Senate Should Worry More About Judicial Independence Than Character of Brett Kavanaugh

By Tim Büthe

Too much of the discussion about Judge Brett Kavanaugh’s nomination to the U.S. Supreme Court has been about alleged sex abuse and drunkenness. To be sure, the issues of sexual violence and the abuse of privilege, raised in the context of the Kavanaugh hearing, are very important and warrant more than the one-day perfunctory, partisan Senate hearing they have received.

But the discussion of whether the 1978 social mores of “Animal House” and corresponding behavior of teenage boys is relevant for the decision about elevating Judge Kavanaugh to the Supreme Court today distracts from an extremely important issue at stake in the Kavanaugh confirmation process, which is not getting nearly the amount of attention it deserves: judicial independence.

There are big questions about Judge Kavanaugh’s independence, which should worry all of us, regardless of partisan affiliation or whether we believe Christine Blasey Ford’s allegations of sexual assault or his denial.

There are numerous reasons to worry about Brett Kavanaugh’s independence as a judge and justice. Maybe most disconcerting are major open questions about how Mr. Kavanaugh has financed his lifestyle, from the purchase of his $1.2 million “starter home” in 2006 to major credit card debt suddenly paid off, to how he paid for a $92,000 country club initiation fee on a government salary in 2016.

He may have had perfectly legitimate sources of income beyond his salary. But his disclosures so far don’t add up. And as long as he is trying to keep sources of substantial income secret, citizens and Senators ought to worry about his susceptibility to blackmail or other undue influence by those who are in a position to spill those secrets.

His partying in high school and college also matters for this reason. I generally don’t care what or how much a middle-aged man liked to drink back in high school or college. In fact, it’s really none of my business, nor the Senate’s. But there is a wealth of evidence now, including multiple eyewitness accounts, suggesting that Kavanaugh was a heavy drinker in high school and well beyond — and that it affected his behavior. He categorically denies any of this, but his protestations don’t add up.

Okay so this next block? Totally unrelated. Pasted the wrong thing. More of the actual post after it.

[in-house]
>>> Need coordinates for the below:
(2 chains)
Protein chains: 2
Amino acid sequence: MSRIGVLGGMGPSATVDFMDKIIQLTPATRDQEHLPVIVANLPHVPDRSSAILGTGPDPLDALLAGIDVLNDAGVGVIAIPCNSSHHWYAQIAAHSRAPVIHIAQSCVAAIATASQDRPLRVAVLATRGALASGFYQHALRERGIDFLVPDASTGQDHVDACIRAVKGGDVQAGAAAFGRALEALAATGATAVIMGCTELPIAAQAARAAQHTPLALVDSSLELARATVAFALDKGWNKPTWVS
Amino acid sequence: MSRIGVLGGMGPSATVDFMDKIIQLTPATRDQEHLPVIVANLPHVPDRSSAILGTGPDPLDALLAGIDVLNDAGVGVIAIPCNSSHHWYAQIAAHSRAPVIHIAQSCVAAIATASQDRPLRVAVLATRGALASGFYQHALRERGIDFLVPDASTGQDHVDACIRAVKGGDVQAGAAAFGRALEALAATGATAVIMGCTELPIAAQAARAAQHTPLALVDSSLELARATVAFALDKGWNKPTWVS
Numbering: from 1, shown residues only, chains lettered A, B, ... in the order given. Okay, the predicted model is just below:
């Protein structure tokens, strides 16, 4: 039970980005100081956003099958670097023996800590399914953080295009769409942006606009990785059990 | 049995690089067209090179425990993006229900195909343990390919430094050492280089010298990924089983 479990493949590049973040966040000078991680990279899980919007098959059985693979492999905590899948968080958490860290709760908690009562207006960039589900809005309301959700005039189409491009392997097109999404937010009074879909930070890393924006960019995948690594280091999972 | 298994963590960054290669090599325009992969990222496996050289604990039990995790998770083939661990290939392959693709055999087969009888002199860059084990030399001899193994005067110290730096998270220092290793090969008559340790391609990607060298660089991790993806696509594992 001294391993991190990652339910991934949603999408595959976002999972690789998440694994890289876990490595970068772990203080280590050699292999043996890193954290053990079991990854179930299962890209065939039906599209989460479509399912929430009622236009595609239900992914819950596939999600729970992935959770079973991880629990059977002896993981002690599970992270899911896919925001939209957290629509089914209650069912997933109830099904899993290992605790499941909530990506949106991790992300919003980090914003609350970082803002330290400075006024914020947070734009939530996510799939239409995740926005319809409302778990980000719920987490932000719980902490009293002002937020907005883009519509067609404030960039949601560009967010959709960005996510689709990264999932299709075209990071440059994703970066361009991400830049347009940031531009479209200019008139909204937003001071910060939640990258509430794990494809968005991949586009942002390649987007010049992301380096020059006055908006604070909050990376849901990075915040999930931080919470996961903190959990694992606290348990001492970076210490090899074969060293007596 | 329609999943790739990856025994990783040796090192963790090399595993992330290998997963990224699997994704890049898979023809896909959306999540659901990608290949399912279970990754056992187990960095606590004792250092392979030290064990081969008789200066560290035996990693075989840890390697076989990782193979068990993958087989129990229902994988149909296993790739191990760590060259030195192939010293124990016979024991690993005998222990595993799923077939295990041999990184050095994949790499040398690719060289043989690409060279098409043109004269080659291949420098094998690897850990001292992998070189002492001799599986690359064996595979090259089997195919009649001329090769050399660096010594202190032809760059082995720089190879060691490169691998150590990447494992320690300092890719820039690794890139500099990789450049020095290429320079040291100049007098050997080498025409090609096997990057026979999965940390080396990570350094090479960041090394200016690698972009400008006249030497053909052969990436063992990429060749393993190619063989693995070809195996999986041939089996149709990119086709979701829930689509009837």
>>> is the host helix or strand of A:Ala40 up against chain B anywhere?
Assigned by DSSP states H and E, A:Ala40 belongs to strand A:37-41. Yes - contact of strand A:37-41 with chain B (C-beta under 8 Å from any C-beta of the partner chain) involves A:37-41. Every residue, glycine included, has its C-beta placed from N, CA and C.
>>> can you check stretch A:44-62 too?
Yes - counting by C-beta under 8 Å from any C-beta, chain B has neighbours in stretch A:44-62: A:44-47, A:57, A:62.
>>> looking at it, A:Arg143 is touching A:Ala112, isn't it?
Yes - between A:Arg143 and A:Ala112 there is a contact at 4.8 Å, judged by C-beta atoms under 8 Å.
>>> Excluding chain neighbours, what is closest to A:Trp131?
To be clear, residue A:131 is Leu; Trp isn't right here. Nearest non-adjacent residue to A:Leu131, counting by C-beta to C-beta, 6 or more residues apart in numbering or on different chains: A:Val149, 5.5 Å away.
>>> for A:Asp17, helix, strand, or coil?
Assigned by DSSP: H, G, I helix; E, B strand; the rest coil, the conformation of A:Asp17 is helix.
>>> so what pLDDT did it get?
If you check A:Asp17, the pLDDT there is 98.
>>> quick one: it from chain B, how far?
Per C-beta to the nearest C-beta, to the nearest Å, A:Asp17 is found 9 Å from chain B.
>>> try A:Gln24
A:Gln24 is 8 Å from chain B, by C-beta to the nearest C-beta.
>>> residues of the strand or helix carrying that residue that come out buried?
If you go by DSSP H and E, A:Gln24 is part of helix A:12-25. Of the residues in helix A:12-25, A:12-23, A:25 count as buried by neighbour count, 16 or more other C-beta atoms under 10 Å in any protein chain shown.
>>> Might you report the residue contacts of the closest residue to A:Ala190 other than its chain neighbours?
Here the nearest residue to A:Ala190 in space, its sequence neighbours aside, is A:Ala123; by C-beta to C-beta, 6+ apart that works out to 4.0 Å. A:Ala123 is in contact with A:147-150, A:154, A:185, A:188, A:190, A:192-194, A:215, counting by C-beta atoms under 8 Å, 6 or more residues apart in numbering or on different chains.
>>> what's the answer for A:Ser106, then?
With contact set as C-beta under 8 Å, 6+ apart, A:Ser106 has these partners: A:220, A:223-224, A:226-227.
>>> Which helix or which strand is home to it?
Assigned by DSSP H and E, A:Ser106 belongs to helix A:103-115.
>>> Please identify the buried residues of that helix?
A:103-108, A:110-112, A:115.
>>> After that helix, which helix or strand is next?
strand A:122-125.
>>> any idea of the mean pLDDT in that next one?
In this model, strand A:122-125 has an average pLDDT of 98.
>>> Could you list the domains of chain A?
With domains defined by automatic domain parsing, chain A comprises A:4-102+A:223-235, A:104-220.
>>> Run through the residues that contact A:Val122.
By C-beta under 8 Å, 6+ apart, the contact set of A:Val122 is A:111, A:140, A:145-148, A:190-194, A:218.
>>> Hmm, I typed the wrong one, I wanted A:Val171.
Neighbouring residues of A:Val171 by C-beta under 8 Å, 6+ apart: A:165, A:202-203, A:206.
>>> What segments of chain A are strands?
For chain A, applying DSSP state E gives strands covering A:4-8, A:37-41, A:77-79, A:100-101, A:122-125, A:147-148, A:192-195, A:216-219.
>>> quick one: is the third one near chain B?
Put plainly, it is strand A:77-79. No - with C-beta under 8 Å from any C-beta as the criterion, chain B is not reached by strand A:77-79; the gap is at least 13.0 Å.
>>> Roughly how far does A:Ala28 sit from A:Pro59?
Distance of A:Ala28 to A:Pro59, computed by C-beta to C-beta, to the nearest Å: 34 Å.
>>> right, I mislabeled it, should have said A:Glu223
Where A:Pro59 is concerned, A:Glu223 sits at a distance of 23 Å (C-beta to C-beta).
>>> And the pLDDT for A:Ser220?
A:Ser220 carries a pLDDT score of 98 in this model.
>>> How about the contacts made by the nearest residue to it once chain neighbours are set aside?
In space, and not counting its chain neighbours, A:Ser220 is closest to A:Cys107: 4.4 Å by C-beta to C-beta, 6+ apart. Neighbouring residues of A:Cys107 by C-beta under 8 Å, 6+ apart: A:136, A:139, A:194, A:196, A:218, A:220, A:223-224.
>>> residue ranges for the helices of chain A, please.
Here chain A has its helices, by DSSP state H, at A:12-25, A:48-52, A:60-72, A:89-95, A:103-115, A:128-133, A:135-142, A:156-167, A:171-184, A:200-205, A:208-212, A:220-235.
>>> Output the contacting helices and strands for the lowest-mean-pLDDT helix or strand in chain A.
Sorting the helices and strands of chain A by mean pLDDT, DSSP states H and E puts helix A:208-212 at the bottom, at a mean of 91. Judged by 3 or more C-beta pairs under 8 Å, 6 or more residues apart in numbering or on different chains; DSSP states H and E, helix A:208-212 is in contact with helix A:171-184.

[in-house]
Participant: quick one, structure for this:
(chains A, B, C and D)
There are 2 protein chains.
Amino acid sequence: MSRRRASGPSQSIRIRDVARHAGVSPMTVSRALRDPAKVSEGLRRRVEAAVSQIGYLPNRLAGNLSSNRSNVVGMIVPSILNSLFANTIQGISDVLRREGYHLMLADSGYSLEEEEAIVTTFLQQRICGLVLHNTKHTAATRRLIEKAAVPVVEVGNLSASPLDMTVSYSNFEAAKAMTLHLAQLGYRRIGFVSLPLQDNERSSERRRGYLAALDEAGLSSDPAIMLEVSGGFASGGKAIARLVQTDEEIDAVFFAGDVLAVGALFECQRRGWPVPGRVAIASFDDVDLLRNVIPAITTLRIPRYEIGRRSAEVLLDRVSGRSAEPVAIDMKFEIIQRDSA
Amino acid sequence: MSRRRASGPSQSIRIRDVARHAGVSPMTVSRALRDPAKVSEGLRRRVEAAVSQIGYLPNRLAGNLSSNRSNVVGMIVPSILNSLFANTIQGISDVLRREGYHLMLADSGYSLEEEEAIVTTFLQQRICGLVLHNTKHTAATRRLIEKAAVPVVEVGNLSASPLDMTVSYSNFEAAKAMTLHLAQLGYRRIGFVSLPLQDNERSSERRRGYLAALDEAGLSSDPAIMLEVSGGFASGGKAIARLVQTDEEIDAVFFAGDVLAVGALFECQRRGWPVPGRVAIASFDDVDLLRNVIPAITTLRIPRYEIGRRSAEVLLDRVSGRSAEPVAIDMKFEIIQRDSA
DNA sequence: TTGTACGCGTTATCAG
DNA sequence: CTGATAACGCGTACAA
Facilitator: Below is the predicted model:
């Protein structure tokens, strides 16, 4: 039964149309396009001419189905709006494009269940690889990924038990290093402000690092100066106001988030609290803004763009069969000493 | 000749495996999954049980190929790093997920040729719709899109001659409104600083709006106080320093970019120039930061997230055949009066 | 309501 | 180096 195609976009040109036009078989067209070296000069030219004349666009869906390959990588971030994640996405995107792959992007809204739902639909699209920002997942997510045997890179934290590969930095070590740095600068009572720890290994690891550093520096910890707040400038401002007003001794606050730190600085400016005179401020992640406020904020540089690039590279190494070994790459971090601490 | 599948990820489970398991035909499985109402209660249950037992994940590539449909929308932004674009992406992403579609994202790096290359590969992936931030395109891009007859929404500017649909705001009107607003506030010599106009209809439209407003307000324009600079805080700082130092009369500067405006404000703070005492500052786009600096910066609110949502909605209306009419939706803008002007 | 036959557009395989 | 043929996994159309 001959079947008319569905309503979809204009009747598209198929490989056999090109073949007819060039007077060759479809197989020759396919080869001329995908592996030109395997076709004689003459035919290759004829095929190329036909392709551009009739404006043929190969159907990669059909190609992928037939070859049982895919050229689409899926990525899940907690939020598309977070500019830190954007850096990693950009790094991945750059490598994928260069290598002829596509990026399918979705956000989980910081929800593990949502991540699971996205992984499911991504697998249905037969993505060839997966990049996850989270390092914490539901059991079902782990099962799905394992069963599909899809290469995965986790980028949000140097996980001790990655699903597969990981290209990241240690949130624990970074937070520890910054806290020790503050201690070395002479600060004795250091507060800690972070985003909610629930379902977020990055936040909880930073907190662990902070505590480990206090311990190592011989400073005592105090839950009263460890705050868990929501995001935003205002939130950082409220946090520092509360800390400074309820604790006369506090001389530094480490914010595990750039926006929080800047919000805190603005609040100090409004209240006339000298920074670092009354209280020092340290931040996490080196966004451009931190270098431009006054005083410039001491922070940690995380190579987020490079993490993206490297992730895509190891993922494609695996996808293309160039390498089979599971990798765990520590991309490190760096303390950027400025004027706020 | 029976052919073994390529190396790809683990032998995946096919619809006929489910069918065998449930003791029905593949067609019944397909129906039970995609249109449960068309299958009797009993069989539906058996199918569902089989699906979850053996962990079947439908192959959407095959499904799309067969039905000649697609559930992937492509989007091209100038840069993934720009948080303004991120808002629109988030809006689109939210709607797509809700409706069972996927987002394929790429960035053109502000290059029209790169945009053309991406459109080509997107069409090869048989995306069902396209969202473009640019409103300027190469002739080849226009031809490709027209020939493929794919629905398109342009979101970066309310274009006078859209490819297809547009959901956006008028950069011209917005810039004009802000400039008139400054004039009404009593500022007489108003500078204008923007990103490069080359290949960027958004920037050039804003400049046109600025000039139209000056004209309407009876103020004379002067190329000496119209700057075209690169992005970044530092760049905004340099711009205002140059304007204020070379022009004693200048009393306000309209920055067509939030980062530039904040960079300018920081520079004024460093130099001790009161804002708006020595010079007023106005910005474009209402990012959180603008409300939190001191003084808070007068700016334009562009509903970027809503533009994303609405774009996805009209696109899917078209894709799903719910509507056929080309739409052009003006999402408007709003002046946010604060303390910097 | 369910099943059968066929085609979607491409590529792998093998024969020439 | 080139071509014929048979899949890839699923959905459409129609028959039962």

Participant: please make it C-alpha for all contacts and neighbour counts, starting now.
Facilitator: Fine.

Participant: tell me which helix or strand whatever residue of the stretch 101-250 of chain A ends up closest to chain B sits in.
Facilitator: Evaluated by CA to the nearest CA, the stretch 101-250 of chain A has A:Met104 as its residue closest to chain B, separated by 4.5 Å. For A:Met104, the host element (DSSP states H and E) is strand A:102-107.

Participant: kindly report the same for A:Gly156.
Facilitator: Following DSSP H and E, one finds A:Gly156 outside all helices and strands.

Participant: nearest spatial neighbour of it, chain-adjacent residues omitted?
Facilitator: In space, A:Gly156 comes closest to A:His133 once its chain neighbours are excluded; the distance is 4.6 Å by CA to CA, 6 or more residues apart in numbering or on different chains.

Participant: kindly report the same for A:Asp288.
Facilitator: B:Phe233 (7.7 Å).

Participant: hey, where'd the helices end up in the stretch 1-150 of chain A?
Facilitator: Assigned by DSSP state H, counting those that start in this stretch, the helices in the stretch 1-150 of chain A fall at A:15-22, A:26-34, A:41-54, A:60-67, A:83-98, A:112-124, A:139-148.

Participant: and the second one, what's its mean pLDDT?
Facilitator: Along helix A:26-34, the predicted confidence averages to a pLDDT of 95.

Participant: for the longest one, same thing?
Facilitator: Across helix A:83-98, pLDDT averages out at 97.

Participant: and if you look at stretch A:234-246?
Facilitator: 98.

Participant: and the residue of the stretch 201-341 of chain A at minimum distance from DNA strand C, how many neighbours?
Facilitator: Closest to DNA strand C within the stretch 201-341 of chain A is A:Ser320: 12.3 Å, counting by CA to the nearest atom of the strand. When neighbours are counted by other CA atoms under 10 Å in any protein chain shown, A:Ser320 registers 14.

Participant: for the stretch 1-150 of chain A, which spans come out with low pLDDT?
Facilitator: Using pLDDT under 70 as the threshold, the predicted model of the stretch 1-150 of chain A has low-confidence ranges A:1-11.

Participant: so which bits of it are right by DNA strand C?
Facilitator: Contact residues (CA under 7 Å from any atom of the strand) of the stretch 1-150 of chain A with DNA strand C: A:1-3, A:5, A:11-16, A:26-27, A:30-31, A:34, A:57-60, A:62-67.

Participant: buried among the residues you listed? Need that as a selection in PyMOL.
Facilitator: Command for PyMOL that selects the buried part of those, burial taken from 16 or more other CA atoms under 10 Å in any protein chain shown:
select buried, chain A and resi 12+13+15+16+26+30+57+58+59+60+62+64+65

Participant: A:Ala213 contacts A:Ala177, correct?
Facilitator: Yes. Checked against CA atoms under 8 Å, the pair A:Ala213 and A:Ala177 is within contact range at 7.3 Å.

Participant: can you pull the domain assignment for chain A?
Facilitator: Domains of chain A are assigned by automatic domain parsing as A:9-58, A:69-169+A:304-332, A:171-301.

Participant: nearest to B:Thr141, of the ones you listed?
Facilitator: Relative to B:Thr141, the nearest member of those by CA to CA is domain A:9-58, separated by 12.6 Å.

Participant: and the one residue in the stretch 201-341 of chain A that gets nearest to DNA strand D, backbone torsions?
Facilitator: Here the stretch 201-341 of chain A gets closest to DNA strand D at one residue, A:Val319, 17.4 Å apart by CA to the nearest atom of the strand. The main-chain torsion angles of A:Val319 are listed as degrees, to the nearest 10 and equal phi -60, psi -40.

It’s Kavanaugh’s attempts to maintain a public appearance at odds with some witness accounts that should worry us. Greatly.

When public figures have dirty laundry to cover up, they are easily compromised. In the case of former House Speaker Dennis Hastert, attempting to hide earlier sexual misconduct from public exposure led him to pay hush money in illegal ways. Here as so often, the cover-up was far worse than the original transgression. In that case, it was the illegal payments that ultimately landed him in prison.

Similarly, anyone in a position to disclose what Judge Kavanaugh is trying to keep secret would be in a position to gain leverage over him to get him to do things he knows he shouldn’t be doing.

In my research on law and politics, I have found judicial independence to be an important determinant of whether law and courts work as they should. Those who are hiding secrets lack true independence. We shouldn’t put them on America’s highest court.

Tim Büthe is a senior fellow of the Kenan Institute for Ethics at Duke University, as well as a professor for political science and public policy at the Technical University of Munich, Germany.